Wednesday 9 November 2011

Democracy and the Eurozone Crisis

There will no longer be any referendum in Greece on the new Eurozone deal, and a technocratic-led national unity government will take over before elections can be held in February. (And a good thing that there will be elections - Greece needs to confront its economic future in a way that the Greek people will buy into the responsibility of the decisions that need to be taken). Now that the referendum has been called off, it's taken as a indictment of Europe that France and Germany could pressure Greece to drop the referendum by saying that the money will be withheld unless a referendum would return a positive result.

This is a very strange argument. Surely it wouldn't be taking Greek sovereignty and democracy seriously if the Eurozone continued to loan Greece money and expect them to implement austerity measures regardless of any referendum they held? And the implication that the Eurozone should be willing to loan money to Greece regardless of Greece's commitment to any deal suggests that the rest off the Eurozone deserves less of a say. While a partial default within a Eurozone deal or a total default outside any Eurozone loans isn't an attractive choice, Greece cannot change that choice by elections or referendums: democracy is when people come together to decide what to do in the situation in which they find themselves. Sadly, for Greece and the rest of the Eurozone there are no good options.

Fintan O'Toole has an article in The Irish Times about the disconnect between capitalism and democracy:

"And this isn’t just a simple matter of the Merkozy monster lording it over us little PIGS. For at this historic moment, even the German chancellor is little more than a cipher. She’s caught in the democratic crisis too. Remember this time last year when Angela Merkel started to make noises about bondholders sharing the pain of rescuing the banking system? She had to back down very quickly and make it clear that she didn’t mean present bondholders – heaven forbid. Even the German chancellor isn’t allowed to say certain things."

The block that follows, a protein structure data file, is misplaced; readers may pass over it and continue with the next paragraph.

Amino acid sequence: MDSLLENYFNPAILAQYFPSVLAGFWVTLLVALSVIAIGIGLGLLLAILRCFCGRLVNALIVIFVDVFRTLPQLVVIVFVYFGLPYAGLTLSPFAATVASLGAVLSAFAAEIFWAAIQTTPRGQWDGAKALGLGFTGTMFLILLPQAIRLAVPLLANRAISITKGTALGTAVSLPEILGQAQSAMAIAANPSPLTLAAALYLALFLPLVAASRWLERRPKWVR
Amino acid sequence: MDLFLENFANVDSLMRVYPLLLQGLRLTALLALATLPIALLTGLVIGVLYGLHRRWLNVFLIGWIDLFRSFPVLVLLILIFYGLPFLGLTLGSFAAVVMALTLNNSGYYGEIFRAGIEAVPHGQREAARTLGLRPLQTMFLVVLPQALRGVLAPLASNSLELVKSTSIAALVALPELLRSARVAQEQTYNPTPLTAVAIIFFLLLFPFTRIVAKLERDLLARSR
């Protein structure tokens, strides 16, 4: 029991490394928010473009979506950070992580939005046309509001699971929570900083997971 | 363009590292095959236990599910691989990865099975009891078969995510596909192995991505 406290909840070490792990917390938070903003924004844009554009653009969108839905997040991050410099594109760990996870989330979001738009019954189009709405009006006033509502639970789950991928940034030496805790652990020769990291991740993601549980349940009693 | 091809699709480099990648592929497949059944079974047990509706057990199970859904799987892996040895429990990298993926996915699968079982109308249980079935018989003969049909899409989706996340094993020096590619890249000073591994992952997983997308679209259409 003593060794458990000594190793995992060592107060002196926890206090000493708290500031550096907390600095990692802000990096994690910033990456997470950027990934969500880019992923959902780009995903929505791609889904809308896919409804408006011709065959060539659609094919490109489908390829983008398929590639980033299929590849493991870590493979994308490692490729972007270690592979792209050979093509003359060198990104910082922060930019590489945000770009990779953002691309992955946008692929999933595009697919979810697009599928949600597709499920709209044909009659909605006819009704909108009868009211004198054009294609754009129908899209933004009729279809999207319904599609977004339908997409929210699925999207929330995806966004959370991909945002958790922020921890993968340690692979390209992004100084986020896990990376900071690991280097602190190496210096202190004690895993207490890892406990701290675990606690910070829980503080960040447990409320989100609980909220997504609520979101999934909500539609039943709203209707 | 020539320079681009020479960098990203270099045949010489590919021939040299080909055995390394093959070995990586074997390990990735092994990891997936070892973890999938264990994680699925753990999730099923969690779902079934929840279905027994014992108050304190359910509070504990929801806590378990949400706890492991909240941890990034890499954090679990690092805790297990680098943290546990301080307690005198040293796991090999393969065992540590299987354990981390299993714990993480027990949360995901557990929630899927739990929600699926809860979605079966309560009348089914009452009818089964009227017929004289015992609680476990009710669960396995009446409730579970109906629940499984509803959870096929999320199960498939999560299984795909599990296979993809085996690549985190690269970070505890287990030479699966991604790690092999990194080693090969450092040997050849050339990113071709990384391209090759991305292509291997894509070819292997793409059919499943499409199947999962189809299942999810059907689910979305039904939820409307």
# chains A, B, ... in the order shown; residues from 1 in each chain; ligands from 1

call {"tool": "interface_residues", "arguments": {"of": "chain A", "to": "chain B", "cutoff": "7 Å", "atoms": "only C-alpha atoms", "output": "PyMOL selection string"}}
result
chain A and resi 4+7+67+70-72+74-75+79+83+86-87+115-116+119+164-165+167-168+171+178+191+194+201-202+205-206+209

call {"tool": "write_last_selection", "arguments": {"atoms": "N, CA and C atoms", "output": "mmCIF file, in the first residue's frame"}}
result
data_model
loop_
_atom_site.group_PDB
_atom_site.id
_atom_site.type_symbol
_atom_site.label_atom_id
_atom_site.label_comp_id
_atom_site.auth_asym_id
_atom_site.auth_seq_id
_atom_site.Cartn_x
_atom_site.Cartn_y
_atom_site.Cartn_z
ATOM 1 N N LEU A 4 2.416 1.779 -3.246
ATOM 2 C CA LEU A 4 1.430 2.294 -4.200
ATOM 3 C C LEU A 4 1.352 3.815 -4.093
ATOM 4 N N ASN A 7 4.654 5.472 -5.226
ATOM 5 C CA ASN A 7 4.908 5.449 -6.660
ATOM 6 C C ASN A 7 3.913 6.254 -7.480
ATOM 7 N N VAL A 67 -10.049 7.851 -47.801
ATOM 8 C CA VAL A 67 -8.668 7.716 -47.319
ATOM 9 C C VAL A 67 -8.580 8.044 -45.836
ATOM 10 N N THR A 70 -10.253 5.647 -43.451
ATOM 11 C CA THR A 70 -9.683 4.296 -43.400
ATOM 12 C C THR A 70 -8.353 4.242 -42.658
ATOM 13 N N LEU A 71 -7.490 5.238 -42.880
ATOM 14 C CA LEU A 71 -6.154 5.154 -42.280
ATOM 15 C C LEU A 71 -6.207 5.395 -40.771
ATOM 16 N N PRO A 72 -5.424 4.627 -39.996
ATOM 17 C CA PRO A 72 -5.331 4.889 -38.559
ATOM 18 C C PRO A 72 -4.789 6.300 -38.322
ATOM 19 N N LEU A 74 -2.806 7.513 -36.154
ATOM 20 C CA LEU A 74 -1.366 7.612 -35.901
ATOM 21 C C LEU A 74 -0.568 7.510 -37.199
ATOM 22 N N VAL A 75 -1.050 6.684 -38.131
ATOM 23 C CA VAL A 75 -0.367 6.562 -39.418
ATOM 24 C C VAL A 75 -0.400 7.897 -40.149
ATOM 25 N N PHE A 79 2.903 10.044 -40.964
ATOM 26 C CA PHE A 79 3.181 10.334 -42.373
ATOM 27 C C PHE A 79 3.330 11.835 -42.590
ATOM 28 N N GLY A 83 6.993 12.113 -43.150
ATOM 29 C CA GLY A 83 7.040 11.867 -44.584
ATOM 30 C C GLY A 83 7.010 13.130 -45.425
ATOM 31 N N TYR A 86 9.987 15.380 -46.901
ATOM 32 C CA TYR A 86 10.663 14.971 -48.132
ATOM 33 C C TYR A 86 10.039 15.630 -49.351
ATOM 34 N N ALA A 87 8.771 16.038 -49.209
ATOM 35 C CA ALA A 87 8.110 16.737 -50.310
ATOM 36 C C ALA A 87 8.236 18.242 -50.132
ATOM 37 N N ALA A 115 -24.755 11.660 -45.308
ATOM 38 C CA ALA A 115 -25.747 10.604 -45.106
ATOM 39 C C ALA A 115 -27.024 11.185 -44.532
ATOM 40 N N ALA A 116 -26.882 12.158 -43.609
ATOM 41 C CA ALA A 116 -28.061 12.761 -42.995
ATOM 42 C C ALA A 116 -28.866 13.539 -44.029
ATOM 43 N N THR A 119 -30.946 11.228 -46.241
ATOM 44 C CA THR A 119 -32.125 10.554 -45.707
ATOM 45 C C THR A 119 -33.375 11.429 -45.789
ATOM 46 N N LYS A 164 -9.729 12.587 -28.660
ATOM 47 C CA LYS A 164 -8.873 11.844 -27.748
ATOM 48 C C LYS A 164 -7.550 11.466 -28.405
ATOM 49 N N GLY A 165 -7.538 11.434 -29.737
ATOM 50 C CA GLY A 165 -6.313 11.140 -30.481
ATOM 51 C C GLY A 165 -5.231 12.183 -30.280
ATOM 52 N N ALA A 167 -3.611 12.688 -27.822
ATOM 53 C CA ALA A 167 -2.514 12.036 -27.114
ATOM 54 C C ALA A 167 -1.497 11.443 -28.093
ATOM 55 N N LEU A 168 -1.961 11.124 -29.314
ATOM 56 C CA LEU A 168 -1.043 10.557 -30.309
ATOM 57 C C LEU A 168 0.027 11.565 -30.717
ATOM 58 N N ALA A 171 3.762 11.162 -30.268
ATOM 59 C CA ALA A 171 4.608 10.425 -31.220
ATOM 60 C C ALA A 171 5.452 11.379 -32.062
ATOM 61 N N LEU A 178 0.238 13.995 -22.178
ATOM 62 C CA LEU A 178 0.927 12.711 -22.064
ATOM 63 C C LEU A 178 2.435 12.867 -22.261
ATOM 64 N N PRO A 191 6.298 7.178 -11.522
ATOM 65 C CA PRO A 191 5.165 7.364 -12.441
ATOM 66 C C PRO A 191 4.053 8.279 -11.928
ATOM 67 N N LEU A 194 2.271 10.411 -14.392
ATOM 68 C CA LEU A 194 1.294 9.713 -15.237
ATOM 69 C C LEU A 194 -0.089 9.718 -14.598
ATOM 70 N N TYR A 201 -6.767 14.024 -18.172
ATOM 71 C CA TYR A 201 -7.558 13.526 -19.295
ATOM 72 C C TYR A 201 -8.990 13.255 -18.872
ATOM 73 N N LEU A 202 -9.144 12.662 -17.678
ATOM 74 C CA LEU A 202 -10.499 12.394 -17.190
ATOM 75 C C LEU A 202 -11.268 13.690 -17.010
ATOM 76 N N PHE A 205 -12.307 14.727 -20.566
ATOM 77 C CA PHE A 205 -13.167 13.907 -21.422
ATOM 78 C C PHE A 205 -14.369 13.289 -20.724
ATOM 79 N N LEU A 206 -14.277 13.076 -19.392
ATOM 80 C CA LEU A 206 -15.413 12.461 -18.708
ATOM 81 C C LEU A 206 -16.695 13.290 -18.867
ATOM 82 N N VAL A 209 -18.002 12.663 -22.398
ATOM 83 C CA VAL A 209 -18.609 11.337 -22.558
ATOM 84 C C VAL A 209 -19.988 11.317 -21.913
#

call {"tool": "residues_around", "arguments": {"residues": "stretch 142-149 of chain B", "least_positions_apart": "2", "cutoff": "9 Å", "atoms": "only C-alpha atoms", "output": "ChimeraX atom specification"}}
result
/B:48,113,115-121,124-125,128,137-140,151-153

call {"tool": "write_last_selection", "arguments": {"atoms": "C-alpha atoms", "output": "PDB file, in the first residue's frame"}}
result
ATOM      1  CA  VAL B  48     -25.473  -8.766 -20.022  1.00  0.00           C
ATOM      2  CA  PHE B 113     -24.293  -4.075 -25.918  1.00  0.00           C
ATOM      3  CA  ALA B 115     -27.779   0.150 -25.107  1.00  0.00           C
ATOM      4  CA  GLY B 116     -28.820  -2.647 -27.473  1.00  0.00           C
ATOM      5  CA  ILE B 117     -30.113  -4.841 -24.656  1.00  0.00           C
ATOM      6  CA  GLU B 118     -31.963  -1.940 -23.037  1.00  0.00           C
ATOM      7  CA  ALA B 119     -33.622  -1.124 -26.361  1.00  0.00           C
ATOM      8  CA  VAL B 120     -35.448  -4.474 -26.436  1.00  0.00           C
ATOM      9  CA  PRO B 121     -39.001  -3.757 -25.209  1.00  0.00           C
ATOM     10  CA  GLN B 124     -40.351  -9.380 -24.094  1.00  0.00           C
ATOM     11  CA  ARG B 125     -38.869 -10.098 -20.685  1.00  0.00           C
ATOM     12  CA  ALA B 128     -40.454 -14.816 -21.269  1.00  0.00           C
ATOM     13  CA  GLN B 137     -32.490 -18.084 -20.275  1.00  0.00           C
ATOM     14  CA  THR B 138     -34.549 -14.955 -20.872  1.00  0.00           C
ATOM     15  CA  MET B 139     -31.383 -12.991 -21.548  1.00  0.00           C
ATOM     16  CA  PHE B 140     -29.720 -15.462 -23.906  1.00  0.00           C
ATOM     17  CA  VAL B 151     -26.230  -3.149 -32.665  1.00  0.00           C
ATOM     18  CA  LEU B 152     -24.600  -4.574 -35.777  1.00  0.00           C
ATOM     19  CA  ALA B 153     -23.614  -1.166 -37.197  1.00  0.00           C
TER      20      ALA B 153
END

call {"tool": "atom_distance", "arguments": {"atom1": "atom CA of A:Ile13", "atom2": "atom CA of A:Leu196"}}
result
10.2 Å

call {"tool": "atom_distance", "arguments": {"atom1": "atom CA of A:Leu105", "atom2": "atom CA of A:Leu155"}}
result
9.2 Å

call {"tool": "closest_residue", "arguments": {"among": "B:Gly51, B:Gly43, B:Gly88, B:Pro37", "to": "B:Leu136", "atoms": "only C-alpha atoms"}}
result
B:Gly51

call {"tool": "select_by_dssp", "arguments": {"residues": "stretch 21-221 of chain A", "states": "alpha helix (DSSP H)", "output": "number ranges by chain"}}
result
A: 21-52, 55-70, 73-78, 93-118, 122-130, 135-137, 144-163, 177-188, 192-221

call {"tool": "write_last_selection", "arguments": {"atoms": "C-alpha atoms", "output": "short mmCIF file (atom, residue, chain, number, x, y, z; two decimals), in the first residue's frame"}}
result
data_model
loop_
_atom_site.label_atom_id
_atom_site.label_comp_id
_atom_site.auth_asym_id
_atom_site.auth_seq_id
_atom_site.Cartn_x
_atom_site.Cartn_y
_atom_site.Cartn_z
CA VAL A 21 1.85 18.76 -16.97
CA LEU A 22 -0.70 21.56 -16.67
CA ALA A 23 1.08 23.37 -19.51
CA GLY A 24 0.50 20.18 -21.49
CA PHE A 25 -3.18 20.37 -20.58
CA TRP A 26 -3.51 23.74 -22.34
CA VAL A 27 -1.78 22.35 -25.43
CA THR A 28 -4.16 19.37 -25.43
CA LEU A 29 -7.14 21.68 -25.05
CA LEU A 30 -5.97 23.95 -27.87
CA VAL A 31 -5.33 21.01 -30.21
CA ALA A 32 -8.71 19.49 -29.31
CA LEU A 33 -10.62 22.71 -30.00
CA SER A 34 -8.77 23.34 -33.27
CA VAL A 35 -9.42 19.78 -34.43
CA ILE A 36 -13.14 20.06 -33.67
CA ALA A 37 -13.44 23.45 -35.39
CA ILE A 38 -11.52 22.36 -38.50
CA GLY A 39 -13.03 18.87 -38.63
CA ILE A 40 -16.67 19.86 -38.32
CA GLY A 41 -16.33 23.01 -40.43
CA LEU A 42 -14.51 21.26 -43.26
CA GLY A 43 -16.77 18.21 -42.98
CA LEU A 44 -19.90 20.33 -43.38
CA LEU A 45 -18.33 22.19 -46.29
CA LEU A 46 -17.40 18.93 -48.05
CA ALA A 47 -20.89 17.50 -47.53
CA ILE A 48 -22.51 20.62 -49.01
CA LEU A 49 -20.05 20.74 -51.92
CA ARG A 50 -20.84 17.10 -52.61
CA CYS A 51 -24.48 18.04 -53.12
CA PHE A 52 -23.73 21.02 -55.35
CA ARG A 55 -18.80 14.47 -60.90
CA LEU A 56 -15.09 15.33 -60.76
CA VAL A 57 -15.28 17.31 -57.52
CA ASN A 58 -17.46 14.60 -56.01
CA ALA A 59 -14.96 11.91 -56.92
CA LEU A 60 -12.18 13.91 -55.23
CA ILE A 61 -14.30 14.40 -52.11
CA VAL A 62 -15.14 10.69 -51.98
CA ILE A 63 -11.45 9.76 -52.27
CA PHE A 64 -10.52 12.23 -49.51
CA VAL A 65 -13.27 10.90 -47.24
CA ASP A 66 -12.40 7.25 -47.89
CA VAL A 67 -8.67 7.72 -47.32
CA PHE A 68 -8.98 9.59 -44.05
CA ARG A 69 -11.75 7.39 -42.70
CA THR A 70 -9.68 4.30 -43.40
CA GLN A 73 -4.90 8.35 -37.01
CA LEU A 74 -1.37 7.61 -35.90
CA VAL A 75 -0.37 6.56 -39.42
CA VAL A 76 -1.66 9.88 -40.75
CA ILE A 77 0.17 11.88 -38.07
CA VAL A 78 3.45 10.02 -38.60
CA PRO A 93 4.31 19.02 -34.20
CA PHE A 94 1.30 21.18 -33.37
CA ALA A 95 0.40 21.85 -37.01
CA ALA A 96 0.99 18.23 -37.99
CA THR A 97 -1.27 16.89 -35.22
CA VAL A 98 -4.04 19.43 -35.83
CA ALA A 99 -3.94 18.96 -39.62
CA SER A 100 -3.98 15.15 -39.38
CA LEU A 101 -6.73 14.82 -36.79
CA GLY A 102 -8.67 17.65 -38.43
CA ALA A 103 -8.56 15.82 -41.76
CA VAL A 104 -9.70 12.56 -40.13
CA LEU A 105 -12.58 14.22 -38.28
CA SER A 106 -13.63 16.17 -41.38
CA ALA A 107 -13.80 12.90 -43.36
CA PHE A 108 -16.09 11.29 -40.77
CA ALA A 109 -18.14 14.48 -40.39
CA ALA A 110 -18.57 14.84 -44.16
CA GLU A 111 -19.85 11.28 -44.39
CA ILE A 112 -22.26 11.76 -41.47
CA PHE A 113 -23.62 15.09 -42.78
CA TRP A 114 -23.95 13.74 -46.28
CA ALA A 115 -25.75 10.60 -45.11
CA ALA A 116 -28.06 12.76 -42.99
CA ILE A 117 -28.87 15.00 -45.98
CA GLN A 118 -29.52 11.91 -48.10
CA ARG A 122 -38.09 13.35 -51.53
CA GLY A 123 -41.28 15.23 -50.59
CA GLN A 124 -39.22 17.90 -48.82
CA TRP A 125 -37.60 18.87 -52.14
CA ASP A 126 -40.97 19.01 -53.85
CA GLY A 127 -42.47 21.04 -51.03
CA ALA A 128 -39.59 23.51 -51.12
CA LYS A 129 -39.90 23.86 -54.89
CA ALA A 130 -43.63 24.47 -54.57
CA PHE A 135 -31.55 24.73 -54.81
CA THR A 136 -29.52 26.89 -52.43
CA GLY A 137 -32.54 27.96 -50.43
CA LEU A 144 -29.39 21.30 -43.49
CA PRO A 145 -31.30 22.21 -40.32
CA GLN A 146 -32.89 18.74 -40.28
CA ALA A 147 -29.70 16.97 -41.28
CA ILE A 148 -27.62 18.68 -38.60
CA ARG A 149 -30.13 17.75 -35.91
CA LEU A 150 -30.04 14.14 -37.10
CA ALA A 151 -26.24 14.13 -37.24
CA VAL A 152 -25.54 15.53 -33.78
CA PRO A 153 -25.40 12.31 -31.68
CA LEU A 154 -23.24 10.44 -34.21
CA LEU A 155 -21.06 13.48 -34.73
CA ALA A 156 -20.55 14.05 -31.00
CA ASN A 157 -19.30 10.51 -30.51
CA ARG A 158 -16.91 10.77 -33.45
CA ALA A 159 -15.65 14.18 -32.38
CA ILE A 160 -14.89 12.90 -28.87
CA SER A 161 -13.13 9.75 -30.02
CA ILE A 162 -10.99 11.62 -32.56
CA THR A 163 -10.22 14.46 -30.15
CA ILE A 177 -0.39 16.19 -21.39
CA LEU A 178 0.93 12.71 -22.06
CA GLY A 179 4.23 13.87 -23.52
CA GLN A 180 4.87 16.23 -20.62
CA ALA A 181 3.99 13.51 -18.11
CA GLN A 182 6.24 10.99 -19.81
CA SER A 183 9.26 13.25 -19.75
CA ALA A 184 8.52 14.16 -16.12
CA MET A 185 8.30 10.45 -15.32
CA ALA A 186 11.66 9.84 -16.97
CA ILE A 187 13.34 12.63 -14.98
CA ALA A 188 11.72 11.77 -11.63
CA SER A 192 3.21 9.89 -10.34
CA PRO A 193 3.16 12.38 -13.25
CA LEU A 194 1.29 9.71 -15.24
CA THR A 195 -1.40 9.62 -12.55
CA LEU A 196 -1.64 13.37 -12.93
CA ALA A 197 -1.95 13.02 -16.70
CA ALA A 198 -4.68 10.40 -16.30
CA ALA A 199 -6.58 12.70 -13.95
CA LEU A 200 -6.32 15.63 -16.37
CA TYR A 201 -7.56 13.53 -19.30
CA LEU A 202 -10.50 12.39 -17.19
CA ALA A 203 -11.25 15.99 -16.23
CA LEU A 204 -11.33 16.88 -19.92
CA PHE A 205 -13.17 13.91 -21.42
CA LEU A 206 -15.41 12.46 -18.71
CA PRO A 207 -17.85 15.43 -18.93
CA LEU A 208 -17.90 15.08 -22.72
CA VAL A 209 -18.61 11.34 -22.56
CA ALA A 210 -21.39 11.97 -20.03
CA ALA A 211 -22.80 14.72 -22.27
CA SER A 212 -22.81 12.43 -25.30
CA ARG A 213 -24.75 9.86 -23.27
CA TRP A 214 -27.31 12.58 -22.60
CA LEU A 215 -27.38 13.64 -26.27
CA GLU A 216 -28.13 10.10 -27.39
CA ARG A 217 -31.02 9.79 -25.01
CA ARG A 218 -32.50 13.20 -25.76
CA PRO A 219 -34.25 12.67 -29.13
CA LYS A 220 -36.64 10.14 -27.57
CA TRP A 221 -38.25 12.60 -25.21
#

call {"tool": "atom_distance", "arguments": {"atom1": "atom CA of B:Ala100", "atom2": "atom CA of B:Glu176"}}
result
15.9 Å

I don't entirely agree with him, but I do think that markets and globalisation has grown and proceeded to such and extent that it benefits us to make some market and economic decisions collectively in the EU. Yet the EU, despite the almost co-equal power of the European Parliament, has a huge democratic disconnect. With the Treaties unequipped to deal with the Eurozone crisis, the approach to solving it has been intergovernmental, which has caused tensions between small Member States and non-Eurozone states who have the most to loose politically from governing the Eruozone from the Eruopean Council, and big Eurozone Member States (primarily France and Germany) who are better placed to have the most influence.

It might take ages to finalise a new treaty to equip the EU institutions to better deal with fiscal union issues, but it is most likely to be produced after the major crises are solved (or stabilised, if we're lucky enough). European issues have never been so widely discussed in Europe than they are now: since the Euro and the future of the EU is such a major issue, and the European Parliament has gained more powers since the last election in 2009, it might be worth having another European election. It would provide an opportunity to involve citizens more directly in the debate over what needs to be done and can also focus on the Parliament's new power. Though the EP isn't in a prime position over the EFSF or future fiscal union, an election would give the Parliament (and the Europarties) a stronger mandate in their proposals, and could be a useful way of gauging (informed) public opinion before embarking on further treaty change.


  1. The questions about economic governance and eurozone governance in particular are basically so intergovernmental that the European Parliament has little say.

    Until democratic government is introduced, new EP elections would be a fallacy.

  2. Normally I would agree, but I think that EP elections could have a positive political effect in that they would confront the electorate with key questions of fiscal union and the approach to the crisis, and allow people a more effective means of debating the options. Although the EP has little power in this area (at least until a treaty change remedies this), it would give the European Council a political push. After all, political fear has rendered the Council pretty slow at dealing with the crisis because they don't know what they can do that would pass their electorates (so they do the bare minimum each time).